Paper No. JAWRA-07-0187-P of the Journal of the American Water Resources Association (JAWRA). Discussions are open until August 1, 2009.
Evidence for Changing Flood Risk in New England Since the Late 20th Century1
Version of Record online: 29 DEC 2008
© 2008 American Water Resources Association. No claim to original U.S. government works
JAWRA Journal of the American Water Resources Association
Volume 45, Issue 2, pages 279–290, April 2009
How to Cite
Collins, M. J. (2009), Evidence for Changing Flood Risk in New England Since the Late 20th Century. JAWRA Journal of the American Water Resources Association, 45: 279–290. doi: 10.1111/j.1752-1688.2008.00277.x
- Issue online: 25 MAR 2009
- Version of Record online: 29 DEC 2008
- Received December 26, 2007; accepted July 21, 2008.
Vol. 46, Issue 1, 199, Version of Record online: 1 FEB 2010
- surface water hydrology;
- climate variability;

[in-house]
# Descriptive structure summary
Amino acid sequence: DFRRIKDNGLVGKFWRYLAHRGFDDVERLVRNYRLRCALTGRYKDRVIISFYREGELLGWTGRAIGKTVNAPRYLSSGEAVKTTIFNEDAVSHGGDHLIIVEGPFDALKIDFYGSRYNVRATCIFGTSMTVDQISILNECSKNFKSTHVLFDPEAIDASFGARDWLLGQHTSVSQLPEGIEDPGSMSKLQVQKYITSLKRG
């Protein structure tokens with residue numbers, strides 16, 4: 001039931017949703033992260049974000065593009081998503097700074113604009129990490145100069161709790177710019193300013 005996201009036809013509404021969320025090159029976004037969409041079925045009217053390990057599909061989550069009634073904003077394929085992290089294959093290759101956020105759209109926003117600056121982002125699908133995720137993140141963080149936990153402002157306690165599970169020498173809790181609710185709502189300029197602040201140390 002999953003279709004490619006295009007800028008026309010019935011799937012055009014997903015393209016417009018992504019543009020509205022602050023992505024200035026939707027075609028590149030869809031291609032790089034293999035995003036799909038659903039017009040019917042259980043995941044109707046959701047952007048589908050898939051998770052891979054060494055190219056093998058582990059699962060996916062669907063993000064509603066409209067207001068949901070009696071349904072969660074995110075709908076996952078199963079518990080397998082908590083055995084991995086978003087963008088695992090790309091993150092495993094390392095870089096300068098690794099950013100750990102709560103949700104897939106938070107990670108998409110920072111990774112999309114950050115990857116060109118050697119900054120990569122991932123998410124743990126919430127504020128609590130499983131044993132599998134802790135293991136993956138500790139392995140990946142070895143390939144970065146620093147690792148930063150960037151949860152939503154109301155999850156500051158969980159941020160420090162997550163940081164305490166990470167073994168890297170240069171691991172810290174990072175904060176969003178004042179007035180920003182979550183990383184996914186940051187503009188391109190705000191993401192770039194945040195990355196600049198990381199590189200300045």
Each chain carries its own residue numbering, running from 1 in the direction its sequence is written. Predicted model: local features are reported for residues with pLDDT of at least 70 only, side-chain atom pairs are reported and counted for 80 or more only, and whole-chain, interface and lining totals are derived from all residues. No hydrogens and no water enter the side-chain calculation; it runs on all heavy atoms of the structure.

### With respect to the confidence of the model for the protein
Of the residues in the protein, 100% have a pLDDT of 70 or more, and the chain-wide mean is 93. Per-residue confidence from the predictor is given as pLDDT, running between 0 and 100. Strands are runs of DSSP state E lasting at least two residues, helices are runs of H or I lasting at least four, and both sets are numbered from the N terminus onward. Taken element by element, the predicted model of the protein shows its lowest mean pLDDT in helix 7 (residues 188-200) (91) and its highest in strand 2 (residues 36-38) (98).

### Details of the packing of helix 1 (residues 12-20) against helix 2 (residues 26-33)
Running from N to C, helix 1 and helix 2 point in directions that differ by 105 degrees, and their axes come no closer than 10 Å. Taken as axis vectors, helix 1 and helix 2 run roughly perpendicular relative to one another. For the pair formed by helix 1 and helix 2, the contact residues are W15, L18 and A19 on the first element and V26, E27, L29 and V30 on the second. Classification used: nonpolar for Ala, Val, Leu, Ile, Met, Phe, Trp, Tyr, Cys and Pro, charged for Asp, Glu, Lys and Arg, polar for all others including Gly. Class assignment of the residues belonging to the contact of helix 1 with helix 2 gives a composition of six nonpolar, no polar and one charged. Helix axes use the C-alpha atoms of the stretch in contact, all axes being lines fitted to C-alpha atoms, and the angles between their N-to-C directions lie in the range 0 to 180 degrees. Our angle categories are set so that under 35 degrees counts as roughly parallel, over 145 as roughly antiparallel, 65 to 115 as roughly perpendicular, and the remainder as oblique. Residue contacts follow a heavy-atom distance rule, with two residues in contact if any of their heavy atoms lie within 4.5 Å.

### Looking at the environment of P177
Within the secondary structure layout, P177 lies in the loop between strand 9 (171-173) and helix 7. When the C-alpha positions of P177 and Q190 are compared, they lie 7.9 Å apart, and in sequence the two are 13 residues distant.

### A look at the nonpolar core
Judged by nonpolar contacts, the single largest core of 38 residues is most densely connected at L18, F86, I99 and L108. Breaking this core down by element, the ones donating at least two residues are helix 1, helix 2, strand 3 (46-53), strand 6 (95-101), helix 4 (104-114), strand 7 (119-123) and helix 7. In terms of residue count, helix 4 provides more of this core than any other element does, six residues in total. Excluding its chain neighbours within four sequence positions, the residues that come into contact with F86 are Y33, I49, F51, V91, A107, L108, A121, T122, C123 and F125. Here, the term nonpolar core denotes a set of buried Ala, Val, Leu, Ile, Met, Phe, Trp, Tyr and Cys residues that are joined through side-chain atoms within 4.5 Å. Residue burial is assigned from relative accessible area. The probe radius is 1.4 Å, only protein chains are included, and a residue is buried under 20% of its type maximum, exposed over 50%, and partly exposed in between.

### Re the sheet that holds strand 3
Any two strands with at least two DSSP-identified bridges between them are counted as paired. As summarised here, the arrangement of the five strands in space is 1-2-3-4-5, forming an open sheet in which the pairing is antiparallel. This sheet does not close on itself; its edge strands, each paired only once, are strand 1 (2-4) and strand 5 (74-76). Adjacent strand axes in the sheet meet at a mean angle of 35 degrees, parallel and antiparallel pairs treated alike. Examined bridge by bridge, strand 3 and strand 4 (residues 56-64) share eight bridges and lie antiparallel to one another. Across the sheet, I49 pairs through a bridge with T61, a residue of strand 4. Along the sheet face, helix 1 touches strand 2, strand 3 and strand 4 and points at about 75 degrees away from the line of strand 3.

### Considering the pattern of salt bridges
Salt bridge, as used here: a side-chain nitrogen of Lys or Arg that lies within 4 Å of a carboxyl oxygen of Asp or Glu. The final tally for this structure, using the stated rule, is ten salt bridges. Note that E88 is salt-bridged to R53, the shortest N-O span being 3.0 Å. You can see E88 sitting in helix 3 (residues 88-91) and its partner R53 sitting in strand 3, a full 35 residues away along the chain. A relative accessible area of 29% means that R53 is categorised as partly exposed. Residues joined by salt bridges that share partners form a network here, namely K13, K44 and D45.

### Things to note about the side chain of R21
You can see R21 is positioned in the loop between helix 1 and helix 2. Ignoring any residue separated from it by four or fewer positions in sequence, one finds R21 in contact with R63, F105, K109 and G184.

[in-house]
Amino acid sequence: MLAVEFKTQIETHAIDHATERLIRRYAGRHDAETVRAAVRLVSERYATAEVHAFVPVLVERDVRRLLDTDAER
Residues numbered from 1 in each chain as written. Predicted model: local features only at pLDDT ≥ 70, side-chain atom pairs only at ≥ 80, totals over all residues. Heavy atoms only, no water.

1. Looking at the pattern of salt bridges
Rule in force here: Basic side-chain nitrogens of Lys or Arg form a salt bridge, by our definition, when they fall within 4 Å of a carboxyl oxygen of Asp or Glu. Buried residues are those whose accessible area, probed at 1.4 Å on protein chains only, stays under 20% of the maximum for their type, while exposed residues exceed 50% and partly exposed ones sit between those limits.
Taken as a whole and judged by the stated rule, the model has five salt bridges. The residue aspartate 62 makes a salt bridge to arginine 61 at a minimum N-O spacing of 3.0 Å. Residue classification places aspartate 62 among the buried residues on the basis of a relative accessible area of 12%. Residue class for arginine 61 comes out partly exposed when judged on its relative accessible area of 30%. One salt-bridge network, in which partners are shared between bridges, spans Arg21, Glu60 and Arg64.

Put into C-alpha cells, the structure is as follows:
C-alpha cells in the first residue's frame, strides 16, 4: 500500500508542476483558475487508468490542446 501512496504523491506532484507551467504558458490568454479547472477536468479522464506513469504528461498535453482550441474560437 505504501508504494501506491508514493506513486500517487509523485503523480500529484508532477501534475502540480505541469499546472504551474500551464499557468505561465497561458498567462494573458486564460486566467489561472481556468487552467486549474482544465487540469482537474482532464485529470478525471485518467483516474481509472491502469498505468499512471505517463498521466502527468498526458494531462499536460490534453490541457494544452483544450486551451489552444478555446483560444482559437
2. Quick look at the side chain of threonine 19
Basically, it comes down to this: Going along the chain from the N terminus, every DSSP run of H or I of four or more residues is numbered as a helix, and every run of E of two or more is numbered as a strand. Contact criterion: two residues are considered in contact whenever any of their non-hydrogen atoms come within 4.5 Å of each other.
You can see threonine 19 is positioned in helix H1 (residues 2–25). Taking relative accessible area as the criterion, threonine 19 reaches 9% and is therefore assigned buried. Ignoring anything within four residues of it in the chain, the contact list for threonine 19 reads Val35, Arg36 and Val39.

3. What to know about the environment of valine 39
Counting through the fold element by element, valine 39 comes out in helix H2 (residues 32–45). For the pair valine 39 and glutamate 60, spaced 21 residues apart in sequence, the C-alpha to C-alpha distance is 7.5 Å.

Abstract: Long-term flow records for watersheds with minimal human influence have shown trends in recent decades toward increasing streamflow at regional and national scales, especially for low flow quantiles like the annual minimum and annual median flows. Trends for high flow quantiles are less clear, despite recent research showing increased precipitation in the conterminous United States over the last century that has been brought about primarily by an increased frequency and intensity of events in the upper 10th percentile of the daily precipitation distribution – particularly in the Northeast. This study investigates trends in 28 long-term annual flood series for New England watersheds with dominantly natural streamflow. The flood series are an average of 75 years in length and are continuous through 2006. Twenty-five series show upward trends via the nonparametric Mann-Kendall test, 40% (10) of which are statistically significant (p < 0.1). Moreover, an average standardized departures series for 23 of the study gages indicates that increasing flood magnitudes in New England occurred as a step change around 1970. The timing of this is broadly synchronous with a phase change in the low frequency variability of the North Atlantic Oscillation, a prominent upper atmospheric circulation pattern that is known to effect climate variability along the United States east coast. Identifiable hydroclimatic shifts should be considered when the affected flow records are used for flood frequency analyses. Special treatment of the flood series can improve the analyses and provide better estimates of flood magnitudes and frequencies under the prevailing hydroclimatic condition.